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From the intense opening score to the climax at the airport, The Killing is full of suspense and intrigue. We loved the voice over which, unlike most Noir films, is not voiced by a character in the film but a narrator; we loved Mike and his sickly wife (we were rooting for them throughout); we loved the different takes on the same scene; and we absolutely loved the mask Johnny wears for the robbery.

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The stuff of which nightmares are made

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The first Kubrick film on the list was a new one for us, and it lived up to the expectations, although it is fairly different from his later works (he was quite young at this point). The female characters are not much to write home about, but otherwise this was a very entertaining thriller with some very cool details which we enjoyed.

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Also, great inspiration for a simple yet creepy Halloween costume!

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What we learned: Never share anything with Dames.

Next time: The Searchers (1956)

#140 Invasion of the Body Snatchers

Watched: October 5 2017

Director: Don Siegel

Starring: Kevin McCarthy, Dana Wynter, King Donovan, Carolyn Jones, Larry Gates

Year: 1956

Runtime: 1h 20min

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Dr Miles Bennell (McCarthy) has had a rough few days, and is trying to convince a psychiatrist that he is not crazy but that his home town really is at the centre of a large scale alien invasion. His story is then told in flashbacks and we see the invasion unfold.

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He has really cultivated that so-not-crazy-right-now-look

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Bennell, a small town doctor, has been out of town and very popular in his absence; half the town has been in to see him, but when he returns they are no longer as keen. He gradually finds that many of his patients seem to suffer from Capgras delusion – they think their loved ones are not themselves or have been replaced by impostors. They also suddenly snap out of their delusions without any treatment…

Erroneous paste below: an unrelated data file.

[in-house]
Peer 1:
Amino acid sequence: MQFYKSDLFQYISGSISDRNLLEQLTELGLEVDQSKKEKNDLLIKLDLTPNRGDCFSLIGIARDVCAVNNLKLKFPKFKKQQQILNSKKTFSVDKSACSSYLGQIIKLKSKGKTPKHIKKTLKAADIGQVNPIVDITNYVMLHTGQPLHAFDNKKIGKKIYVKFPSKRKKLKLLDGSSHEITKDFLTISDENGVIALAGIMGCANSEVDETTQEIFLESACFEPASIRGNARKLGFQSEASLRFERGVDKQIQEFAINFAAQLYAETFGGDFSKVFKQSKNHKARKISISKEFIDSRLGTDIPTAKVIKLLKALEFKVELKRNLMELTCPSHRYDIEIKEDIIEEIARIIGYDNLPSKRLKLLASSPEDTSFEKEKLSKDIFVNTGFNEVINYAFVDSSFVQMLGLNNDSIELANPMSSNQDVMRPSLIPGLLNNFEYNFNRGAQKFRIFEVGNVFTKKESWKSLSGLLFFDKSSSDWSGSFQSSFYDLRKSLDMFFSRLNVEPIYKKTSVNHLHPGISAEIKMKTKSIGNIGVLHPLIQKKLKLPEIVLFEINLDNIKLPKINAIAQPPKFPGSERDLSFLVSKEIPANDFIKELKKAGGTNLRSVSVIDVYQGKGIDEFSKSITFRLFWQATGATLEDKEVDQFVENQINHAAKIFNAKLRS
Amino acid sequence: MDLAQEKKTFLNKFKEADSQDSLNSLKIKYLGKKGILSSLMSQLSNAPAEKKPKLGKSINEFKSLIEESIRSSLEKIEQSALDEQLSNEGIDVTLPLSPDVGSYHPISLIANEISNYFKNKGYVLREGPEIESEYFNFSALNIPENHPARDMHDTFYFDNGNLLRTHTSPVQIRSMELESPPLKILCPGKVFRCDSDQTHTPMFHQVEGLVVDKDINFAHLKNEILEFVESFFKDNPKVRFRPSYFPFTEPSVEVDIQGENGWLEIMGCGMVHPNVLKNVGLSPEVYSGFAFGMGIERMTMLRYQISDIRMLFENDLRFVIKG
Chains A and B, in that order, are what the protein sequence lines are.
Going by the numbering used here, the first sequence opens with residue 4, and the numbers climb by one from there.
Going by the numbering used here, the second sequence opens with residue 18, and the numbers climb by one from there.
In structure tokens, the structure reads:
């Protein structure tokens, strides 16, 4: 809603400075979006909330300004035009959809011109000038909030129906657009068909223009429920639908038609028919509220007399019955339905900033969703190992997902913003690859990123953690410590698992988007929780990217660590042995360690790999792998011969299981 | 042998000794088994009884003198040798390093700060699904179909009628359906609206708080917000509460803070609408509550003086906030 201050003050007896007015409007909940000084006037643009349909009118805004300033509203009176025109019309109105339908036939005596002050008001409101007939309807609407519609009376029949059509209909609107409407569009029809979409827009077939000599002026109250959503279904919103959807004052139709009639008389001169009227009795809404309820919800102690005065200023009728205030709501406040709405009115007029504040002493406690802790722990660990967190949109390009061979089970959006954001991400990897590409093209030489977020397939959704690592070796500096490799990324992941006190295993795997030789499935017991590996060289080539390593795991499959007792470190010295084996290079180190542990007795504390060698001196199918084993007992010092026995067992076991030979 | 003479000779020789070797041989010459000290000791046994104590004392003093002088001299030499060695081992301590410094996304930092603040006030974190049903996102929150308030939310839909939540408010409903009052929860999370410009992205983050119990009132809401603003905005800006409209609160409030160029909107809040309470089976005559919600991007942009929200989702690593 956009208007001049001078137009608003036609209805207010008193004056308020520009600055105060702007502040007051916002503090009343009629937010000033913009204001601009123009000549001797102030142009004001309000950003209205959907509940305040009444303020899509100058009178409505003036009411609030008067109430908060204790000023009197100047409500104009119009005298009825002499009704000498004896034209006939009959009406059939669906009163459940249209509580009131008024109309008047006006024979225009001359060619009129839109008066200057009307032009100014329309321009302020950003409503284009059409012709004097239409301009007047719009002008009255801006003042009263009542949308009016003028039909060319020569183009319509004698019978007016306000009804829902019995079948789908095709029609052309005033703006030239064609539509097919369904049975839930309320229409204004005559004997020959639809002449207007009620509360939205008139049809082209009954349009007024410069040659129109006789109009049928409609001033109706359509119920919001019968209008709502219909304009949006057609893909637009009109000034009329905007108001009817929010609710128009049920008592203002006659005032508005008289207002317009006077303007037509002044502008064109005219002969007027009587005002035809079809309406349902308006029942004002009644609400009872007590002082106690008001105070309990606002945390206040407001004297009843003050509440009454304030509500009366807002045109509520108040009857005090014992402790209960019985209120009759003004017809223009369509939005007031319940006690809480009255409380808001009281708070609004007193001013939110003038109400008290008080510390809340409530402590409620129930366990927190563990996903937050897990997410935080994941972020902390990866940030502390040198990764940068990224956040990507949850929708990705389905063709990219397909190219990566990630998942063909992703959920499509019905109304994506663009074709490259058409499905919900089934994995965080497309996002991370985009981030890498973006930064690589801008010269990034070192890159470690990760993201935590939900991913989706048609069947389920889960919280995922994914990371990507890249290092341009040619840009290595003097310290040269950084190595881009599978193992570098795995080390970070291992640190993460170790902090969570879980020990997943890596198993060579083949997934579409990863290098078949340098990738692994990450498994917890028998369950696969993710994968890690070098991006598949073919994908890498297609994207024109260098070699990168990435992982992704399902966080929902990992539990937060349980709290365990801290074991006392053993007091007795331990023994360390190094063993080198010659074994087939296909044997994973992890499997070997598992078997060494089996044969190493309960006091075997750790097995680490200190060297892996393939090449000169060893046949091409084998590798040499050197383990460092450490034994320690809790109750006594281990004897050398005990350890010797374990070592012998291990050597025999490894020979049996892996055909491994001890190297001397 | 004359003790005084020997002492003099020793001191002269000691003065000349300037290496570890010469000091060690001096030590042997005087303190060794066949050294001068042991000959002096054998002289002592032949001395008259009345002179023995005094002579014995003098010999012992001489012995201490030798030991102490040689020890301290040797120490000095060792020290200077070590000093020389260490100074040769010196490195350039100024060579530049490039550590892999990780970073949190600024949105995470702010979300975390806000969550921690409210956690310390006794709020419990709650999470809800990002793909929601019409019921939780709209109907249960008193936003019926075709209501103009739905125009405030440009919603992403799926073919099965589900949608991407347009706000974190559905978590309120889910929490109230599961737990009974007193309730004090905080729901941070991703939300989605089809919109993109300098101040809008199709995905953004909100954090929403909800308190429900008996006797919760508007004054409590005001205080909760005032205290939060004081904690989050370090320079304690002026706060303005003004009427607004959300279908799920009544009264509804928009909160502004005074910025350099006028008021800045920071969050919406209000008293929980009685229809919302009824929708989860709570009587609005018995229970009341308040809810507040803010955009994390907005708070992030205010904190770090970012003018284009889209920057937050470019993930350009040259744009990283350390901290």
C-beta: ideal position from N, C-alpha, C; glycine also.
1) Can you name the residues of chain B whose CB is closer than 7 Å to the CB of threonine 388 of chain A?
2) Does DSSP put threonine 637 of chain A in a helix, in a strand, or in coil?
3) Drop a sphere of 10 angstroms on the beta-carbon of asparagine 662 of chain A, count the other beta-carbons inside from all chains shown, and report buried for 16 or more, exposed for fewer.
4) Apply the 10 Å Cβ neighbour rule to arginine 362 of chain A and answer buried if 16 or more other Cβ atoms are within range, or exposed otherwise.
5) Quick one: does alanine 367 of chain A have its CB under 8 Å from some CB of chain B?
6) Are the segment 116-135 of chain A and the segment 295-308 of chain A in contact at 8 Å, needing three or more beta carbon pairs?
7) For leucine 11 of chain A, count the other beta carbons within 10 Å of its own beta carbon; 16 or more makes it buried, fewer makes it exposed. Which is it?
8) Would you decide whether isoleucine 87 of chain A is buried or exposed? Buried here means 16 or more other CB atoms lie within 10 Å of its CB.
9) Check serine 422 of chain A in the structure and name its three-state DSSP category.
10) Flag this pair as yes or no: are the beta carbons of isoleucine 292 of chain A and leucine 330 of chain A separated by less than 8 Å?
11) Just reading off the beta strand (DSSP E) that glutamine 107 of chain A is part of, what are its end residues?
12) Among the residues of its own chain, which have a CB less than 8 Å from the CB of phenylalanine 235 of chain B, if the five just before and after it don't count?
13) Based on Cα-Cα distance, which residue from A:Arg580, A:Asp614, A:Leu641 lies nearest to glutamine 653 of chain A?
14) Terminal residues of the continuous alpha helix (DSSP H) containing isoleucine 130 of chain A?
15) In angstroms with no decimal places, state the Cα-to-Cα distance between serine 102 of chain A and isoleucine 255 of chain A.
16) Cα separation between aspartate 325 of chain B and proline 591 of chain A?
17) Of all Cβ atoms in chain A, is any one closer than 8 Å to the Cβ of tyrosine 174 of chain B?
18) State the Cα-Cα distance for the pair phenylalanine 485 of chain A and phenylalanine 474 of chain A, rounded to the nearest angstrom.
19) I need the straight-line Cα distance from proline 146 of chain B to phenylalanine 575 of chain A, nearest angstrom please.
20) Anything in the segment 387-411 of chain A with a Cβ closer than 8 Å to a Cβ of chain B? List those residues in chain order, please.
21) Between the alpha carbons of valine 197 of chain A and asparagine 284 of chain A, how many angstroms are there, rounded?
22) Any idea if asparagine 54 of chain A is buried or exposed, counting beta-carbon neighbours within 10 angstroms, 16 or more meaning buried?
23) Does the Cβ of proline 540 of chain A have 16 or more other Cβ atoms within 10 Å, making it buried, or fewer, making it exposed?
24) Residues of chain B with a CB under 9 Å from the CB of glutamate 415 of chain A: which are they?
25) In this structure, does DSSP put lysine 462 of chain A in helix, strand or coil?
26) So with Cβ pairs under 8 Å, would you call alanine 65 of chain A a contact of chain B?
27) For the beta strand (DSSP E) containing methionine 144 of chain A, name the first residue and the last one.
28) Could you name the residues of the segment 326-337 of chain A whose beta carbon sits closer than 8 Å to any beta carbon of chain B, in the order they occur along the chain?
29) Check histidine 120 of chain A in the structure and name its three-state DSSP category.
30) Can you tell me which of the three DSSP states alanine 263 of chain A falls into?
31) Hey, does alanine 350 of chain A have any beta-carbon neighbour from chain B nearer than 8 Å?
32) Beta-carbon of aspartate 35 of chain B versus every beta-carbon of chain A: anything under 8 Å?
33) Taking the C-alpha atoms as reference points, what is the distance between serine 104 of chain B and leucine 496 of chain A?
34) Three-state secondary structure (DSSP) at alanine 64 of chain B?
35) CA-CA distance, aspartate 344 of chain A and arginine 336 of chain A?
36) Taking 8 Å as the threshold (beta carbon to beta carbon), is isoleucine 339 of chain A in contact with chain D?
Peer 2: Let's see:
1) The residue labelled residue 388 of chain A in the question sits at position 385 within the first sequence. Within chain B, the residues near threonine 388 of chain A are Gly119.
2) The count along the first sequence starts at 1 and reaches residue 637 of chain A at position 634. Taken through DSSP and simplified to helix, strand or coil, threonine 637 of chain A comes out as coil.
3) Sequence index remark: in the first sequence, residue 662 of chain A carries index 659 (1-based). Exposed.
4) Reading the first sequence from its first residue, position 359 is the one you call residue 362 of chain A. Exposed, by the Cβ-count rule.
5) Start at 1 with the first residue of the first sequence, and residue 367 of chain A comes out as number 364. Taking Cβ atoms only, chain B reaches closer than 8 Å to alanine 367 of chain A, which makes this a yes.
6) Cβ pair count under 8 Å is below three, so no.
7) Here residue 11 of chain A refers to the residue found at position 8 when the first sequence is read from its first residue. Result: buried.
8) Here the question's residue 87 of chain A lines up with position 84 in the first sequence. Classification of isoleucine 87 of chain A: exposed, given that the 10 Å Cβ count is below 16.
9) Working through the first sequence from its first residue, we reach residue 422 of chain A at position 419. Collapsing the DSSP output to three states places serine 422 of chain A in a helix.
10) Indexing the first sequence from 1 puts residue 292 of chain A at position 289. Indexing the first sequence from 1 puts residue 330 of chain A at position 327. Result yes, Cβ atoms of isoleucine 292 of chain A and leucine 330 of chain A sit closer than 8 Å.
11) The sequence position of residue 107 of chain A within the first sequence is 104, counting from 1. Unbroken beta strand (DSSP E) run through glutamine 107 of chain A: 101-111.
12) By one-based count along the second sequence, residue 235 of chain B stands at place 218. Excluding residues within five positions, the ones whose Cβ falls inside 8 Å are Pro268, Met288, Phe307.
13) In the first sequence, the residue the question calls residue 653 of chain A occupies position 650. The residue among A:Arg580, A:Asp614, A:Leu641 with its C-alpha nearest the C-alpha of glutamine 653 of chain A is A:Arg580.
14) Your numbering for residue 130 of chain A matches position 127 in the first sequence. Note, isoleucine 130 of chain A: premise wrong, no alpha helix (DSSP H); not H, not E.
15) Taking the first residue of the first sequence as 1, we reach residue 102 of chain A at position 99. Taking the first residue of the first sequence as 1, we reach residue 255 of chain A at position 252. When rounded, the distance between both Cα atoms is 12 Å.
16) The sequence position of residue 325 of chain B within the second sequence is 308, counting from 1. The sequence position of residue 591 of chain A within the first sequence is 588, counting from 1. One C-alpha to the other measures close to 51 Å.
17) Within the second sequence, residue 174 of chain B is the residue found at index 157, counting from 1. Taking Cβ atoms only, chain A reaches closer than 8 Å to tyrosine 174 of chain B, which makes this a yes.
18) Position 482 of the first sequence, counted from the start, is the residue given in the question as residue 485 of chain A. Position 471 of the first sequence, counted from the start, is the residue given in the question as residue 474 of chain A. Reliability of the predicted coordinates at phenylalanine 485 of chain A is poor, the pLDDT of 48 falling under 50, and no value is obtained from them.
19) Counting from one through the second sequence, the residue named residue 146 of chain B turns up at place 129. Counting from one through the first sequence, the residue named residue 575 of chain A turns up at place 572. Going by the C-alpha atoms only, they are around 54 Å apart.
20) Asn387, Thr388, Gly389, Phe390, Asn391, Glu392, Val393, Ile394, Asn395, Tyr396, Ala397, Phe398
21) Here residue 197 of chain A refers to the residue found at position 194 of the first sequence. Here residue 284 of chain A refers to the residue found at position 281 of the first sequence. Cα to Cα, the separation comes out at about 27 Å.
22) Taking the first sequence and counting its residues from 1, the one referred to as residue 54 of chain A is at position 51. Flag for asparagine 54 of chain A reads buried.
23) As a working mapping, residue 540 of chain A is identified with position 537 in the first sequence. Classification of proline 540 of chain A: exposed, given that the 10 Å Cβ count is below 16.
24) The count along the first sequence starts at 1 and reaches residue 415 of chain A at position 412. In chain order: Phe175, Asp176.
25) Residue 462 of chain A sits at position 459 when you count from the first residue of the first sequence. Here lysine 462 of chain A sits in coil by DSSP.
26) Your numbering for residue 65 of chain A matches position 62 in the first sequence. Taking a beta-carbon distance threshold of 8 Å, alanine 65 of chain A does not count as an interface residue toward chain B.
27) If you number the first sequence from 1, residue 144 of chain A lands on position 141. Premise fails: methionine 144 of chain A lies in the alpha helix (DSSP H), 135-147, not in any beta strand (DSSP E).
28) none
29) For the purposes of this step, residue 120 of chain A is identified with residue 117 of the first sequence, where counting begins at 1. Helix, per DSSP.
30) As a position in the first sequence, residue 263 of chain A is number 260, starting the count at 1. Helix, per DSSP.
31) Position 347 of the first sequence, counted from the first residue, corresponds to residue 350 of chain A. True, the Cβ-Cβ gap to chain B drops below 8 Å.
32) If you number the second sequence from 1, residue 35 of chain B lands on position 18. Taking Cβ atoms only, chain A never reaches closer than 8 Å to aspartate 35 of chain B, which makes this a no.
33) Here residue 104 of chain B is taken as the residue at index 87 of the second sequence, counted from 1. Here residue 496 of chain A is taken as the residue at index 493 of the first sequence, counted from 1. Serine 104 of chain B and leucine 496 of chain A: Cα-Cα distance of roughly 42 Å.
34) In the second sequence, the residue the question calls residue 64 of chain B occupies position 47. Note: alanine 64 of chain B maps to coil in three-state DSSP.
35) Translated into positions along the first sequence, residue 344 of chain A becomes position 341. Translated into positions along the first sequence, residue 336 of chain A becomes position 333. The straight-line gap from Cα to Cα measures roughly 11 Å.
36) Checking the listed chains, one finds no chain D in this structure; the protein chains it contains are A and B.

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The thick plottens when the protagonists find an unconscious man with no distinguishing features hidden in a friend’s basement

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Bennell, together with childhood crush Becky Driscoll (Wynter), starts to investigate and what they find is literally out of this world – a race of alien “pod people” who are taking over the entire town of Santa Mira by replacing its people with unemotional but otherwise perfect replicas.

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“Tired of your neighbour? Grow a new one in a greenhouse! Pod People – Replacing Non-Conformist Folks Everywhere”

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Invasion of the Body Snatchers shows a quiet invasion – alien beings who fell from the sky gradually take over friends, relatives and neighbours in their sleep. Those not yet taken grow increasingly paranoid and hysterical, especially since the change is hard to prove – it’s mostly just a feeling and an instinct that something is wrong.

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Until they start chasing you, of course. Then you know.

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This film is remade (or, the novel by Jack Finney is filmed) every other decade or so, sometimes under different titles (such as Body Snatchers or The Invasion), and each time the plot changes slightly based on the general zeitgeist. The original, from the fifties, naturally has clear undertones of McCarthyism and the communist scare.

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Though things have changed a lot since 1956, the tried and tested investigative method of poking stuff with a stick has fortunately survived.

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We’ve mentioned how we love old-timey sci-fi before, and this film is an old favourite which still holds up. We’re really looking forward to Philip Kaufman’s 1978 version now, to see the differences (we haven’t seen it in ages). Also, although the quality of the different productions vary a bit, we think they should just keep remaking the plot every twenty years or so. It’s a good indication of what people’s fears are at any given time, and important documentation for the ages.

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And it gives us shots like this.

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What we learned: If people around you start acting weird, they’re probably pod people and are out to get you.

Next time: The Bad Seed (1956)